Director: Tim Roth
Year Released: 1999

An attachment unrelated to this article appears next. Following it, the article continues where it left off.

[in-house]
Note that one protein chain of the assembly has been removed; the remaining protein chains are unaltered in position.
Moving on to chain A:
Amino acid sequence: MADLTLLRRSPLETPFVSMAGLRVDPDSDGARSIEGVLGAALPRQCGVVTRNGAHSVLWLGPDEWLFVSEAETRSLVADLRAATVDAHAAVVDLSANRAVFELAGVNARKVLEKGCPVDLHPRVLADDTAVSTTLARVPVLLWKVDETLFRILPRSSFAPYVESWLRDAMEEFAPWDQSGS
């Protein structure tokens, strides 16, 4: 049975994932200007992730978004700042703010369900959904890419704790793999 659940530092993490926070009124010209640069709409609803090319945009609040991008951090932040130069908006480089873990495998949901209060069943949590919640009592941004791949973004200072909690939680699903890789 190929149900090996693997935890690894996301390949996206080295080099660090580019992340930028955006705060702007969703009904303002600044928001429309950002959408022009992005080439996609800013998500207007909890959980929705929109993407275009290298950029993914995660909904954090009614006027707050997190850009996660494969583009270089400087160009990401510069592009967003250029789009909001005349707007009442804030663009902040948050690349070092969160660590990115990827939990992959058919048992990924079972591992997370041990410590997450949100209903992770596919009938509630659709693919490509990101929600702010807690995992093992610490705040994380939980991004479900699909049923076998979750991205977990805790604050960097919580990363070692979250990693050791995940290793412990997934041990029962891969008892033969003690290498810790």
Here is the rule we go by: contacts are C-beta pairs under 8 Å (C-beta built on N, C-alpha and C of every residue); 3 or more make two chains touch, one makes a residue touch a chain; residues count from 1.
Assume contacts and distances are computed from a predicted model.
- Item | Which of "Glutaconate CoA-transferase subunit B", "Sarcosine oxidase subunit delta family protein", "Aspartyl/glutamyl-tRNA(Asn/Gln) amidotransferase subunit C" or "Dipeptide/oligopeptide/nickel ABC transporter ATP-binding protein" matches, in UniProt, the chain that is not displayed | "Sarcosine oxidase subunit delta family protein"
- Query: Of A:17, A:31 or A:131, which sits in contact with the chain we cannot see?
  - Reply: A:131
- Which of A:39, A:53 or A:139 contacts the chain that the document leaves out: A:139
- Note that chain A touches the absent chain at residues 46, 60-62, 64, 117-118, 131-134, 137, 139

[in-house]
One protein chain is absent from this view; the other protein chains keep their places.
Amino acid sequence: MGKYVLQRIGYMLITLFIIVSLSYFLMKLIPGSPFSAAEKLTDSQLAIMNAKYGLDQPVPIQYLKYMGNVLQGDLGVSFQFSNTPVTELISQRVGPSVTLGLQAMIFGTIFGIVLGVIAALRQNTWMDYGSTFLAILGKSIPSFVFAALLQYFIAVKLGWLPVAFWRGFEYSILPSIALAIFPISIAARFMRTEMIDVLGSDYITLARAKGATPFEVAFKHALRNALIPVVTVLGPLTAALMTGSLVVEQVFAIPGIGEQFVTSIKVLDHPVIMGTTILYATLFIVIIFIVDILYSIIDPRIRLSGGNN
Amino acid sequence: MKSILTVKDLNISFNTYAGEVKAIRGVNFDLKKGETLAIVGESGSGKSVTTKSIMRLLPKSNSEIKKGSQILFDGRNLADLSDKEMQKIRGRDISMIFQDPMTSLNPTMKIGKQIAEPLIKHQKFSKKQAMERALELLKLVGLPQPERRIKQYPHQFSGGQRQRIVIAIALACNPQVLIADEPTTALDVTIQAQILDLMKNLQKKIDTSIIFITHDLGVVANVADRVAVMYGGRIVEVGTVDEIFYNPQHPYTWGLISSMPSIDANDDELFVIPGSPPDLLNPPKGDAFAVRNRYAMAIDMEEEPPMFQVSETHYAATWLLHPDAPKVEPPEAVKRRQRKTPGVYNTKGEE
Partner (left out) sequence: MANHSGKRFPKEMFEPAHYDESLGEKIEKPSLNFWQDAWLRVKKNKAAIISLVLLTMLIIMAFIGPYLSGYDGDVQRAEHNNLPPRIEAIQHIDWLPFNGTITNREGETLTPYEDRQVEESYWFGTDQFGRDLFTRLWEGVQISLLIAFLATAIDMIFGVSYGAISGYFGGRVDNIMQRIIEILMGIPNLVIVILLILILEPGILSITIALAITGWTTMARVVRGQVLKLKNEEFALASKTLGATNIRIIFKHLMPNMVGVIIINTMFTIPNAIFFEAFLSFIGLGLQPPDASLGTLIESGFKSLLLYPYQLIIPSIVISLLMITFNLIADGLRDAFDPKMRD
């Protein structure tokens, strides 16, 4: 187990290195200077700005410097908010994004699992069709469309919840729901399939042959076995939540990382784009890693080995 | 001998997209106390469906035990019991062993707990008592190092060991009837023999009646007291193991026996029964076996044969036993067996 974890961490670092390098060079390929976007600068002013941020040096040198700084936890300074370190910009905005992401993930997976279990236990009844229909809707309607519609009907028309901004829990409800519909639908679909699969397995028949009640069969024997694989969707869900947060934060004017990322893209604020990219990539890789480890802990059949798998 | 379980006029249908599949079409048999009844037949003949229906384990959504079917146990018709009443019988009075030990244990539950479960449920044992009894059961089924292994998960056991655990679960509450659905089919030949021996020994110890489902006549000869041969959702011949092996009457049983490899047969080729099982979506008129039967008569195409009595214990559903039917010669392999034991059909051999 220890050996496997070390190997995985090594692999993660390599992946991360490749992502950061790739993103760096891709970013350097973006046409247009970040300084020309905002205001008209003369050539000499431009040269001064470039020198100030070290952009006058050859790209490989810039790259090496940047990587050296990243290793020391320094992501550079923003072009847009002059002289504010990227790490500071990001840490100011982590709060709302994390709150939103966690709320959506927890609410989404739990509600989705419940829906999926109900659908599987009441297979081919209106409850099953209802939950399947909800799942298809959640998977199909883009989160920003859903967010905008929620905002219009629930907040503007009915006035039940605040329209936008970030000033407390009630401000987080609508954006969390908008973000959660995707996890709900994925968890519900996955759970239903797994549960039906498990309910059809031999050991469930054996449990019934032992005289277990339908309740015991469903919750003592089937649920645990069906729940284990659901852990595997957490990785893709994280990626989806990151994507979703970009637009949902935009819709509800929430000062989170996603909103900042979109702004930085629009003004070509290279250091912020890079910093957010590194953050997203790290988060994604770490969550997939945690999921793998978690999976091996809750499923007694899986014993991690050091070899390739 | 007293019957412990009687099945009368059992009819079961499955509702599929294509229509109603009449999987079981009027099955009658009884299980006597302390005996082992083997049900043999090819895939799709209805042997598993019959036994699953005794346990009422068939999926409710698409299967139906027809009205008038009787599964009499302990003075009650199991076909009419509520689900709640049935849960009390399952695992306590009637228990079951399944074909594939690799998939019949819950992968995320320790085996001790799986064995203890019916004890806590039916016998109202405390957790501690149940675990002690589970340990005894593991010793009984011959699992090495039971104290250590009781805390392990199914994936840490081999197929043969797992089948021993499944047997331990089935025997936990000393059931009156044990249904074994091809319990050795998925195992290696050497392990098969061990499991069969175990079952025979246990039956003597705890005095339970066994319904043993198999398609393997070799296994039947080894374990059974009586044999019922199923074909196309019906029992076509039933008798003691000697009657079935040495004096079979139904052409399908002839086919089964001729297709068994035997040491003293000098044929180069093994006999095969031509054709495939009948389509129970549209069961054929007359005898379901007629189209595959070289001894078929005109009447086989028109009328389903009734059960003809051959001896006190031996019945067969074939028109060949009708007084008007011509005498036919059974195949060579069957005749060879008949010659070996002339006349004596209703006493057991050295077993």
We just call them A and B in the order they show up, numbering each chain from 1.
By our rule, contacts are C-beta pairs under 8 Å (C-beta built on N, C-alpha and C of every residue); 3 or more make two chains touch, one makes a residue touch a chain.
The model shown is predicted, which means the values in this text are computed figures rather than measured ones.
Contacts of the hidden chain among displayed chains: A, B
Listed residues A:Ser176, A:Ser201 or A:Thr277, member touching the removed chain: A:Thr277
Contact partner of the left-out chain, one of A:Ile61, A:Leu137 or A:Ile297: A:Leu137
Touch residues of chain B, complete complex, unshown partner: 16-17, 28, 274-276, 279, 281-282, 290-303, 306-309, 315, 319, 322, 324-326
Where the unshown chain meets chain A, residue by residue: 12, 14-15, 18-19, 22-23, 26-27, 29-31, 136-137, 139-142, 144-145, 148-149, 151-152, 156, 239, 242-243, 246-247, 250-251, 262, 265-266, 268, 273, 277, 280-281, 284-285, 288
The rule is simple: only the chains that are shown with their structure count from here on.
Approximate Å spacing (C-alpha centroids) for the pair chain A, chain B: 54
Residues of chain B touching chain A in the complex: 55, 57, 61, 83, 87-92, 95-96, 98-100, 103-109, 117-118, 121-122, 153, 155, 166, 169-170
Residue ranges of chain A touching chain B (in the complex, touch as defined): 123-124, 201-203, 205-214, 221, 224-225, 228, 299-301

Terribly overrated directorial debut by veteran actor Tim Roth (Rob Roy, Reservoir Dogs) that tries to make a stir (or shock?) with creepy scenes of sexual perversion and taboo, but fails to wraps them up in a 'movie,' or have the courtesy of giving anything a substantial amount of meaning. In the end, it's basically an after-school special with nude teenage girls, bleeding infants and a statement: this sort of thing happens. One can't help but feel duped by the structure: family in isolated England (mother, father, daughter, son) has newborn infant join them, son discovers (by accident? has it happened before? aren't there any details at all?) strange things in a bathroom involving father and sister, confronts repressed sister about them, she denies them, then he broods for about an hour, after which we find out something is wrong with the new baby, boy tells mother what's going on, girl admits problem and boy confronts father (of course old friends Oedipus and Electra come into the picture for both the daughter and the son, which they must resolve by the film's end). Roth obviously has an eye for placing actors in a scene, and all momentum or interest in this is created by the them - particularly Tilda Swinton and Ray Winstone (who delivers a devastatingly powerful performance, like he did in Nil by Mouth, a much better film directed by another actor, Gary Oldman). The story is guided by the son, who is near mute, lanky and incessantly sulking - enhancing identification difficulties - and the dialogue is replaced by mostly glances and gestures (both the son and daughter seem to have learned the proper way to express madness by watching Kubrick films, with eyes locked firmly into the upper region of their sockets, chins sunk into their chests). I have nothing against stories that involve shocking subjects, like incest, but a minor attempt at 'fleshing out' just a teensy little bit of it might be in order (I'm not asking for armchair psychology or anything of the sort but all we're left with are four one-dimensional characters - victims, not people - who have nothing to say about, well, anything). Taboo for taboo's sake doesn't always create thought-provoking material (see: Spanking the Monkey).